Final Fantasy I & II: Dawn of Souls is, like Final Fantasy Origins, a remake of the first two games in the series and was released for the Game Boy Advance in 2004. The Dawn of Souls version incorporates various new elements, including four additional dungeons, an updated bestiary, and a few minor changes.[45]

Square Enix released a version of Final Fantasy for two Japanese mobile phone networks in 2004; a version for NTT DoCoMo FOMA 900i series was launched in March under the title Final Fantasy i[46] and a subsequent release for CDMA 1X WIN-compatible phones was launched in August.[47] Another version was released for SoftBank Yahoo! Keitai phones on July 3, 2006.[48] The games have more refined graphics compared to the original 8-bit game, but not as advanced as many of the later console and handheld ports.

Square Enix planned to release this version for North American mobile phones in 2006,[49] but was delayed to 2010 and released in collaboration with Namco. It retains the game difficulty and "spell level"-based magic system from the original Famicom version. Other elements such as updated graphics, spell names, and monster names are borrowed from the Game Boy Advance / WonderSwan Color versions, not including the additional dungeons, monsters and items present in the GBA version. Game data is saved as in the original Famicom version (by using Tent, Sleeping Bag, and Cottage or by going into an inn), but there are now three save game slots and a "Temporary Save" option available in the game.[50]

For the 20th anniversary of Final Fantasy, Square Enix remade Final Fantasy and Final Fantasy II for the PlayStation Portable.[51] The games were released in Japan and North America in 2007,[52] and in European territories in 2008.[53] The PSP version features higher-resolution 2D graphics, full motion video sequences, a remixed soundtrack, and a new dungeon as well as the bonus dungeons from Dawn of Souls. The script is the same as in the Dawn of Souls version, aside from the new dungeon.[54] This version was later released for the Nintendo 3DS (on the Japanese eShop only) with the addition of Stereoscopic 3D.

Square Enix released the original NES version of the game on the Wii's Virtual Console service in Japan on May 26, 2009,[55] in North America on October 5[56] and in the PAL region as an import on May 7, 2010.[57]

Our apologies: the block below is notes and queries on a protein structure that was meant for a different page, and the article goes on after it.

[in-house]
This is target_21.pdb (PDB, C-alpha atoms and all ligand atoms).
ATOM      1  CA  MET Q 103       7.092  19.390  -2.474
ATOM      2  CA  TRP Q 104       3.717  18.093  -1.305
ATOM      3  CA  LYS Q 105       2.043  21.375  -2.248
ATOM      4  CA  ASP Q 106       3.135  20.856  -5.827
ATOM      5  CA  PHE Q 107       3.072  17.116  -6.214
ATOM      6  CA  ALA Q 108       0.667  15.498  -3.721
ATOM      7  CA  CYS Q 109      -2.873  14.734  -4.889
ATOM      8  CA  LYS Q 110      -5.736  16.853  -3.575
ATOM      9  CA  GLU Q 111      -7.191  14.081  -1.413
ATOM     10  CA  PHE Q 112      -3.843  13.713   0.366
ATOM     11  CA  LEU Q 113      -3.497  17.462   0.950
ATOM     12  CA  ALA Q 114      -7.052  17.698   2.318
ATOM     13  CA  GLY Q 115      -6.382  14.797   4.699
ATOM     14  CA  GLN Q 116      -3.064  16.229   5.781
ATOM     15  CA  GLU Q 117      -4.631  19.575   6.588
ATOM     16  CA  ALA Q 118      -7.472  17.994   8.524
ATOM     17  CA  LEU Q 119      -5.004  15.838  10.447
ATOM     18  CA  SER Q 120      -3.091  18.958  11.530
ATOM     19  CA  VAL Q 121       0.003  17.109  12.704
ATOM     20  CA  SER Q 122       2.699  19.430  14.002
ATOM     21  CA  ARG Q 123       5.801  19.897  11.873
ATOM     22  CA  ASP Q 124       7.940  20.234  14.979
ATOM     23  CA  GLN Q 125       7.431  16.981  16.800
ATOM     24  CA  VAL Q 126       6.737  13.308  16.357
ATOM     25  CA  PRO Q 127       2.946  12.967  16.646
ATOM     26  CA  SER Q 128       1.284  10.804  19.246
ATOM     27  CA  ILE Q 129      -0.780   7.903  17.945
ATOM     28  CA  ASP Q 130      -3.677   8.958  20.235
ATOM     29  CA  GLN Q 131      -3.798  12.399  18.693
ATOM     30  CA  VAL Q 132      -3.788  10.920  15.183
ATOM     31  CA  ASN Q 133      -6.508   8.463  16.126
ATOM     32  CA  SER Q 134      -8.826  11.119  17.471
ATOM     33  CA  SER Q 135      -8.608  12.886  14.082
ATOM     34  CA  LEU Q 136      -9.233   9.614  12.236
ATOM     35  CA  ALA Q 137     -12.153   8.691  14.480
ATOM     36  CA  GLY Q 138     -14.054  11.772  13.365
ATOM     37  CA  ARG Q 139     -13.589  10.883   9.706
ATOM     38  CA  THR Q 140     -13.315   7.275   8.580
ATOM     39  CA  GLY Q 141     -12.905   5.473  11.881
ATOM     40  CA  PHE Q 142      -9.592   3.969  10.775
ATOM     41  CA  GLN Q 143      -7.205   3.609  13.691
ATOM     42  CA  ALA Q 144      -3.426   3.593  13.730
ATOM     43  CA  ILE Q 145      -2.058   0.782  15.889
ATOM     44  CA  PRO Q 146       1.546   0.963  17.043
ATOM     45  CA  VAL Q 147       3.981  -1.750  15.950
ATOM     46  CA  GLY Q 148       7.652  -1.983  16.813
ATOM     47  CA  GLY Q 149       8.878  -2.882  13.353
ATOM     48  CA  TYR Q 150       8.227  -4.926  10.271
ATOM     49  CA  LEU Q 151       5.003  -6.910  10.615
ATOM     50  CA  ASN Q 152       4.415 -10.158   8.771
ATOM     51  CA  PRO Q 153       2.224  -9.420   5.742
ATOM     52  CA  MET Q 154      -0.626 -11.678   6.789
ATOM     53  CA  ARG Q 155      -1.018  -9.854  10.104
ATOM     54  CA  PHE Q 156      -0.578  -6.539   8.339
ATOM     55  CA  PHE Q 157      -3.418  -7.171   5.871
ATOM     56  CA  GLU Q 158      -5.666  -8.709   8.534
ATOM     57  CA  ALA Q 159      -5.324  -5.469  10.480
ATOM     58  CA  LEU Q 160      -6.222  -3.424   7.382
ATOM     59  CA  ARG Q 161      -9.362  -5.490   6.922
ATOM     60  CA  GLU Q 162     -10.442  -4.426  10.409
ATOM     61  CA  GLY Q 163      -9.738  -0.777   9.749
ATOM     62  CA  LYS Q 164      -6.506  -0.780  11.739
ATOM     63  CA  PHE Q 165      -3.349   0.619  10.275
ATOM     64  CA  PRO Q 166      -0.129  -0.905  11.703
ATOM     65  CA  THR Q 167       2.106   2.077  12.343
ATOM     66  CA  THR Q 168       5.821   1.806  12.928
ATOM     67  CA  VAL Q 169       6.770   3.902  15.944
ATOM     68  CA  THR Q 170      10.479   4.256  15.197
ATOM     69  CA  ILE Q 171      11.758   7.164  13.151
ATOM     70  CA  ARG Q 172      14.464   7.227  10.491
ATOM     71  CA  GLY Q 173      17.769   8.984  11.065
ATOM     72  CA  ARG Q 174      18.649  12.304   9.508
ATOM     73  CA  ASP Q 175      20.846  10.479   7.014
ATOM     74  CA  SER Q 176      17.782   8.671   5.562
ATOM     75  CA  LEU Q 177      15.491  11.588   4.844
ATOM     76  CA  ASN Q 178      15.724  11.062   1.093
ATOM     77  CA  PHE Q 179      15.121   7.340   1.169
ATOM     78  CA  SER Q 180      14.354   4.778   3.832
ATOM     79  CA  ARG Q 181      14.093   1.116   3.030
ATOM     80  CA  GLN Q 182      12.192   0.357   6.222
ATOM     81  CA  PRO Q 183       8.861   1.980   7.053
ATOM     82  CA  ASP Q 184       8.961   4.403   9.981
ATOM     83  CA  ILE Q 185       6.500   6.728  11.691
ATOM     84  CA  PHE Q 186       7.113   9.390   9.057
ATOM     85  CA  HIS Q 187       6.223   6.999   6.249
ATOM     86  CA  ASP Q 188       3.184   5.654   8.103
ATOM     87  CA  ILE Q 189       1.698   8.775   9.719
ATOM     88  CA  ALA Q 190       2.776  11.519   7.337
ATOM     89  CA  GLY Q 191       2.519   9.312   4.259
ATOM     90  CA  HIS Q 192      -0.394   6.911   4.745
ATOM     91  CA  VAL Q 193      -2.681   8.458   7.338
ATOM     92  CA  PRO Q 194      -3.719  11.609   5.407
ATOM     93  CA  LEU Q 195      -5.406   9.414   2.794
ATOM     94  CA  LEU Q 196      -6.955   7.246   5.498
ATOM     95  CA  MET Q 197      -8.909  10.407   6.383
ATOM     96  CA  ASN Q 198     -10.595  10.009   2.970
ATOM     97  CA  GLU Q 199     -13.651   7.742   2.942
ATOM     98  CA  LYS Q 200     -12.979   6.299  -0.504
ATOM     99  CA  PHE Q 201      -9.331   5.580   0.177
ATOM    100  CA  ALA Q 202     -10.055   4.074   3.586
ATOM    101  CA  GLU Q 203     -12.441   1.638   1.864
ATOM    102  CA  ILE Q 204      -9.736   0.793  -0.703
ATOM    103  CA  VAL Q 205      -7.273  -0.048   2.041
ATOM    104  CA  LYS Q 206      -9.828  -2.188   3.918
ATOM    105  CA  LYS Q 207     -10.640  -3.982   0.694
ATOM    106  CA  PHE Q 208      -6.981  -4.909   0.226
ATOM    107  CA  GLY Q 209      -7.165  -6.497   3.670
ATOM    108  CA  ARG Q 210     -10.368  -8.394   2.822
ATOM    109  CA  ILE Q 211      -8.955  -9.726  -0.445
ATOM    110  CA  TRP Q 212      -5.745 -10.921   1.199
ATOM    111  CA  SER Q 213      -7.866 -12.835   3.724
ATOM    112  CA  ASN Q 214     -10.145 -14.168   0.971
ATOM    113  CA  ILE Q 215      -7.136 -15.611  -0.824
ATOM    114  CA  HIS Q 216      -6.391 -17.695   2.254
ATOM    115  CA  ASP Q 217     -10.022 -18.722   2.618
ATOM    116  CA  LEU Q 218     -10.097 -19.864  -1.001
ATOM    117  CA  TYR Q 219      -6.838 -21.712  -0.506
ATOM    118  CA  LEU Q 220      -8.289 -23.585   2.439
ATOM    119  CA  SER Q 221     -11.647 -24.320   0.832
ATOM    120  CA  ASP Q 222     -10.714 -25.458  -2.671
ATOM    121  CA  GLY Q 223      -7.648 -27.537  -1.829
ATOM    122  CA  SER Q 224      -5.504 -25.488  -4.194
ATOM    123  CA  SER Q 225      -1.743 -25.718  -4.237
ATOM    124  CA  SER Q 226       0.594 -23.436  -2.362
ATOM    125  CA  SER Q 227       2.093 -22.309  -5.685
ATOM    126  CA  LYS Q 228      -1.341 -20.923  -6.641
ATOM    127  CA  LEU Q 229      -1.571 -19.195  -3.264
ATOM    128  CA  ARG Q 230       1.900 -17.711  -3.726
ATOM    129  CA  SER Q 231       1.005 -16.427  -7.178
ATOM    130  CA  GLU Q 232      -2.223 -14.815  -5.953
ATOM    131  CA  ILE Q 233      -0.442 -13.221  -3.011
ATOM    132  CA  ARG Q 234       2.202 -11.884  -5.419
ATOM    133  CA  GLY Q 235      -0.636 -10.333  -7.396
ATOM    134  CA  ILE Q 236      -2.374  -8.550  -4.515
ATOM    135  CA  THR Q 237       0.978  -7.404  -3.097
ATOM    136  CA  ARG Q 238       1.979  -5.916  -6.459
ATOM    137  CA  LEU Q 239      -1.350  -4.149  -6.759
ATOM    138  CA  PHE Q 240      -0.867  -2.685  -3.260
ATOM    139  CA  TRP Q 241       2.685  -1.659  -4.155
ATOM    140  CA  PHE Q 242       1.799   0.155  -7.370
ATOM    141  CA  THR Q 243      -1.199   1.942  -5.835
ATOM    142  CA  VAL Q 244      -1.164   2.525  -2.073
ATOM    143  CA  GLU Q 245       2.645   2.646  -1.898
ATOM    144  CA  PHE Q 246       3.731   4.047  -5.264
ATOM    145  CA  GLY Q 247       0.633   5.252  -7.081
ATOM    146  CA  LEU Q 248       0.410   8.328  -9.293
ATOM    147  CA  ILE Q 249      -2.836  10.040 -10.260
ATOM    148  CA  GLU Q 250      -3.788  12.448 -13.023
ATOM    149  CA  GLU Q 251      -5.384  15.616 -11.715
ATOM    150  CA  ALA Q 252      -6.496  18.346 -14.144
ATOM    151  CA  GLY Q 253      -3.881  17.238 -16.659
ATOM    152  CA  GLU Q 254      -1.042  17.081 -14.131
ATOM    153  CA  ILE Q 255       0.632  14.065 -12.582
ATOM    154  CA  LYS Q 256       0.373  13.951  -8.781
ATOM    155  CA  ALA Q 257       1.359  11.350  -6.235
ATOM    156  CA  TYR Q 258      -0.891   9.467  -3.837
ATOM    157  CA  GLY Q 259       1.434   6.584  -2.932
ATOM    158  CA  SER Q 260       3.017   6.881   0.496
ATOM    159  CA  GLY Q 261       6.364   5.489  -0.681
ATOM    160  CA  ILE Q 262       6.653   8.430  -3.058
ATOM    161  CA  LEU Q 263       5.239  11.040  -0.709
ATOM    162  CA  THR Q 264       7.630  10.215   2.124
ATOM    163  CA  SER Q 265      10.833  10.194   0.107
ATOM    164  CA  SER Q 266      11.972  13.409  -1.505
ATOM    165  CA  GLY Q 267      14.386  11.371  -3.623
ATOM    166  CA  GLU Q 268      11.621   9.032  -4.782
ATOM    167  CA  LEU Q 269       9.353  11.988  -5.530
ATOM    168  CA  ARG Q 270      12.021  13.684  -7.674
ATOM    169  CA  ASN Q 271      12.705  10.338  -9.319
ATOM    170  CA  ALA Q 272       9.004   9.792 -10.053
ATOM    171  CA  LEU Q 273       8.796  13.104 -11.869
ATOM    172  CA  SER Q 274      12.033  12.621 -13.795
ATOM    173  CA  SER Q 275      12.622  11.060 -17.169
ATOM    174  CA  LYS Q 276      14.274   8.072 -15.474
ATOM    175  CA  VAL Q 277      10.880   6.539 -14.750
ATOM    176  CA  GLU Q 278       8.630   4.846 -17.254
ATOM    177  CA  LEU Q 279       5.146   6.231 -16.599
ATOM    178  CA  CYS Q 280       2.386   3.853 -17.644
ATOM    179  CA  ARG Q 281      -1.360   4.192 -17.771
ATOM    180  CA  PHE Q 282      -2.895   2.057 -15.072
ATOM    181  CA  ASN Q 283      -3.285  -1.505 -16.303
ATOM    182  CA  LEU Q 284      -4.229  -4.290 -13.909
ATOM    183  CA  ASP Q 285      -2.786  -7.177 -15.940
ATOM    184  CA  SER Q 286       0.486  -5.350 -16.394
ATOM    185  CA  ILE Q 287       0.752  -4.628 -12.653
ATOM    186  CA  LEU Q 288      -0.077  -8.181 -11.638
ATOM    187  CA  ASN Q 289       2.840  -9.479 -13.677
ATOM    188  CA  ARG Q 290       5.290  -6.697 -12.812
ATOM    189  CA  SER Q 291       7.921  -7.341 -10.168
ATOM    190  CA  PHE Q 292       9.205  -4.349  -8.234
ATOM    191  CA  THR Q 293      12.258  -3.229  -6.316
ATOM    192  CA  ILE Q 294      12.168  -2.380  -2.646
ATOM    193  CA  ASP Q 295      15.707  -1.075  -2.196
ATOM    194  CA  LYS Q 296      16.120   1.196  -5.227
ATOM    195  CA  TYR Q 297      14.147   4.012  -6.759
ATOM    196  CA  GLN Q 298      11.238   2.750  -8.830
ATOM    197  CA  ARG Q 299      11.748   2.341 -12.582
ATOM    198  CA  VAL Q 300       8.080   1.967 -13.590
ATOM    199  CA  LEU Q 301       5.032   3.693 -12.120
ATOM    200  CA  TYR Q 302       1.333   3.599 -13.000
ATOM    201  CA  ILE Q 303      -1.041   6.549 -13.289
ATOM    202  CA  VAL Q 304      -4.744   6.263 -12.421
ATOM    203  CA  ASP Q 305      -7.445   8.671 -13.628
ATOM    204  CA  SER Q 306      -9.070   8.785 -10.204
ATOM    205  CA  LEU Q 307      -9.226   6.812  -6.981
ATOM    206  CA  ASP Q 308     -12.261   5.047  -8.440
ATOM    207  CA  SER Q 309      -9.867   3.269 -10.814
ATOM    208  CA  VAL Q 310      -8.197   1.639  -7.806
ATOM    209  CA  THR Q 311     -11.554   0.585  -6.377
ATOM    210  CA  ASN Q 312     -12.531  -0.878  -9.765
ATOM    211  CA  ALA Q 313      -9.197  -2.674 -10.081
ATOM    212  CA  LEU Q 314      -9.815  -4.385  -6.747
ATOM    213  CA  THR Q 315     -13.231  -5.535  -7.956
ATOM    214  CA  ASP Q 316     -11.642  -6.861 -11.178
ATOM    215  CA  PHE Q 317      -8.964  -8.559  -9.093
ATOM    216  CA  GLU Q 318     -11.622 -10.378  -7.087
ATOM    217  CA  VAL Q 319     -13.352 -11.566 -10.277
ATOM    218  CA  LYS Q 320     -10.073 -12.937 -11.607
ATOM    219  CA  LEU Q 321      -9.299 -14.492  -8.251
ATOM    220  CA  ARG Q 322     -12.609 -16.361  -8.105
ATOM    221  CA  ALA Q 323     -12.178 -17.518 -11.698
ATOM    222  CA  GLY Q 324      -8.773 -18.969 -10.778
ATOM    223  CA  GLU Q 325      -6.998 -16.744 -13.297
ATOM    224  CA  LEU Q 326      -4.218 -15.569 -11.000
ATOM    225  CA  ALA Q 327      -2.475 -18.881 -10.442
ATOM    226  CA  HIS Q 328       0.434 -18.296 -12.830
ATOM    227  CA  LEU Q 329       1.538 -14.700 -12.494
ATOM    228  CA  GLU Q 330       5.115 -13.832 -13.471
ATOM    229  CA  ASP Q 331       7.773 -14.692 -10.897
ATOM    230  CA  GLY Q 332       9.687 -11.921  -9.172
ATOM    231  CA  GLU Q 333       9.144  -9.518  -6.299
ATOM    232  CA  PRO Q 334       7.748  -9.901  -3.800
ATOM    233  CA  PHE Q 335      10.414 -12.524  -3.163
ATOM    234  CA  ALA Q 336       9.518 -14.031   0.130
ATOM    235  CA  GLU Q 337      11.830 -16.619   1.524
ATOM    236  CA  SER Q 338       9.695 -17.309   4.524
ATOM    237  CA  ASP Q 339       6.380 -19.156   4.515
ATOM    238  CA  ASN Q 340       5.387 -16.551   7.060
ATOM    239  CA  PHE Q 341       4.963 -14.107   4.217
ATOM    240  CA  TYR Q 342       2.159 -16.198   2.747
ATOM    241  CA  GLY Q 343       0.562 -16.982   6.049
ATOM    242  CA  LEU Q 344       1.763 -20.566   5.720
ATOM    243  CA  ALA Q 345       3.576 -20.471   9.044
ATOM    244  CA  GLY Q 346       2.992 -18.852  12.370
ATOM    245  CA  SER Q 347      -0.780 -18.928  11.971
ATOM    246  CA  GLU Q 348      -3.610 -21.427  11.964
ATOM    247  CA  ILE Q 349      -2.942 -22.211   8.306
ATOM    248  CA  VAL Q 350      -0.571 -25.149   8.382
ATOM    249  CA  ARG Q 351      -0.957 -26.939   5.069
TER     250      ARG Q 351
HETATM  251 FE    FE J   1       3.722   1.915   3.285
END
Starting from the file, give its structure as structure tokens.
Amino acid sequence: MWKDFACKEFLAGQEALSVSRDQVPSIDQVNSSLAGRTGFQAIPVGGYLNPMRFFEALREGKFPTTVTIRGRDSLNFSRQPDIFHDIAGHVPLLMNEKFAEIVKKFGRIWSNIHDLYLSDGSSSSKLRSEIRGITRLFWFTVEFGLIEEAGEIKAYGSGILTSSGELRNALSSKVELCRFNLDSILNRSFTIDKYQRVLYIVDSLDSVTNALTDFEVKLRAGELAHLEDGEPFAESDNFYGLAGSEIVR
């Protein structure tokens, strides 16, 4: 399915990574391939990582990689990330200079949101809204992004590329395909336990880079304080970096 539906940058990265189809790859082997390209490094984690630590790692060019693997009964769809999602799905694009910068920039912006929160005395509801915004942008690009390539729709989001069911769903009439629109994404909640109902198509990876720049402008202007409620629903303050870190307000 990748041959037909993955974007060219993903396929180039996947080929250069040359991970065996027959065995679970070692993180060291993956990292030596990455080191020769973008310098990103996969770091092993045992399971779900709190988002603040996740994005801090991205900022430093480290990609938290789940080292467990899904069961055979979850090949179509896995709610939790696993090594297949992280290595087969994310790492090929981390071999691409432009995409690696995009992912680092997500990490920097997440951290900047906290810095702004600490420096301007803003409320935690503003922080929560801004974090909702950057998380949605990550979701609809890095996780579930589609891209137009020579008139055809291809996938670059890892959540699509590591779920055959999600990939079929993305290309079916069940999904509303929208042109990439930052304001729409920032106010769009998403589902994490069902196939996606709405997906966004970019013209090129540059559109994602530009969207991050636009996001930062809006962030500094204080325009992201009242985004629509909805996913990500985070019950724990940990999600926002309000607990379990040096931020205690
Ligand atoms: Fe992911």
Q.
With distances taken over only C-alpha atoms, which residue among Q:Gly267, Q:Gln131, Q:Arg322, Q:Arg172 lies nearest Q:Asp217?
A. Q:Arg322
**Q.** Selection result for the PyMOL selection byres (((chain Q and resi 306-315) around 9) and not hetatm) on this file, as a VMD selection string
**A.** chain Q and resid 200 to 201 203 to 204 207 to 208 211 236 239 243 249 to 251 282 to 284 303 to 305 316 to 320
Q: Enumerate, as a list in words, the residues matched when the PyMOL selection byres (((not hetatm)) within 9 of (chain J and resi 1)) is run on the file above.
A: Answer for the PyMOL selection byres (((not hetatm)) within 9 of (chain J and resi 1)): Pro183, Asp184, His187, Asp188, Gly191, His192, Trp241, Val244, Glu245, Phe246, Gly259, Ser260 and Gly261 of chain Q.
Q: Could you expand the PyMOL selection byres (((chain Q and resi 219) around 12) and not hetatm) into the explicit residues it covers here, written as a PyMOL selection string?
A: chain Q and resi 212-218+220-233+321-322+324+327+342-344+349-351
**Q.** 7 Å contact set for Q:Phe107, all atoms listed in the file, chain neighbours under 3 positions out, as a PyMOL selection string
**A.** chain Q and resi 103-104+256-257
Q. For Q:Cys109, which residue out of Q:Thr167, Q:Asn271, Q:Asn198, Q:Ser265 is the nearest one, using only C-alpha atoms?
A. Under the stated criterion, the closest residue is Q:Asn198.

Square Enix released the iOS version of Final Fantasy on February 25, 2010, based on the PSP port with touch controls, worldwide.[58] A Windows Phone version was released on June 13, 2012, which is based on the iOS version.[59][60] Square Enix released Android port on July 27, 2012, largely based on the iOS version though lacking the new dungeons of the 20th-anniversary edition.[61]

The game (alongside 29 other games) was included in the NES Classic Edition / Nintendo Classic Mini: Nintendo Entertainment System released by Nintendo in November 2016.[62]

The first in the Pixel Remaster series, Final Fantasy, alongside Final Fantasy II and Final Fantasy III, released on iOS, Android, and Windows PC through Steam on July 28, 2021.[63]


Final Fantasy has been well received by critics and commercially successful; the original Famicom (NES) version shipped 520,000 copies in Japan,[30] grossing more than ¥3 billion or $21,000,000 (equivalent to $54,000,000 in 2022) at retail.[77] According to Square's publicity department in 1994, the game had sold 600,000 copies in Japan. The NES release was more successful in North America, where it sold 700,000 copies, adding up to 1.3 million copies sold worldwide by 1994.[78] As of March 2003, the game, including all re-releases and remakes at the time, had shipped 1.99 million copies worldwide, with 1.21 million of those copies being shipped in Japan and 780,000 abroad.[79] As of November 2007, another PlayStation Portable version has shipped 140,000 copies.[80]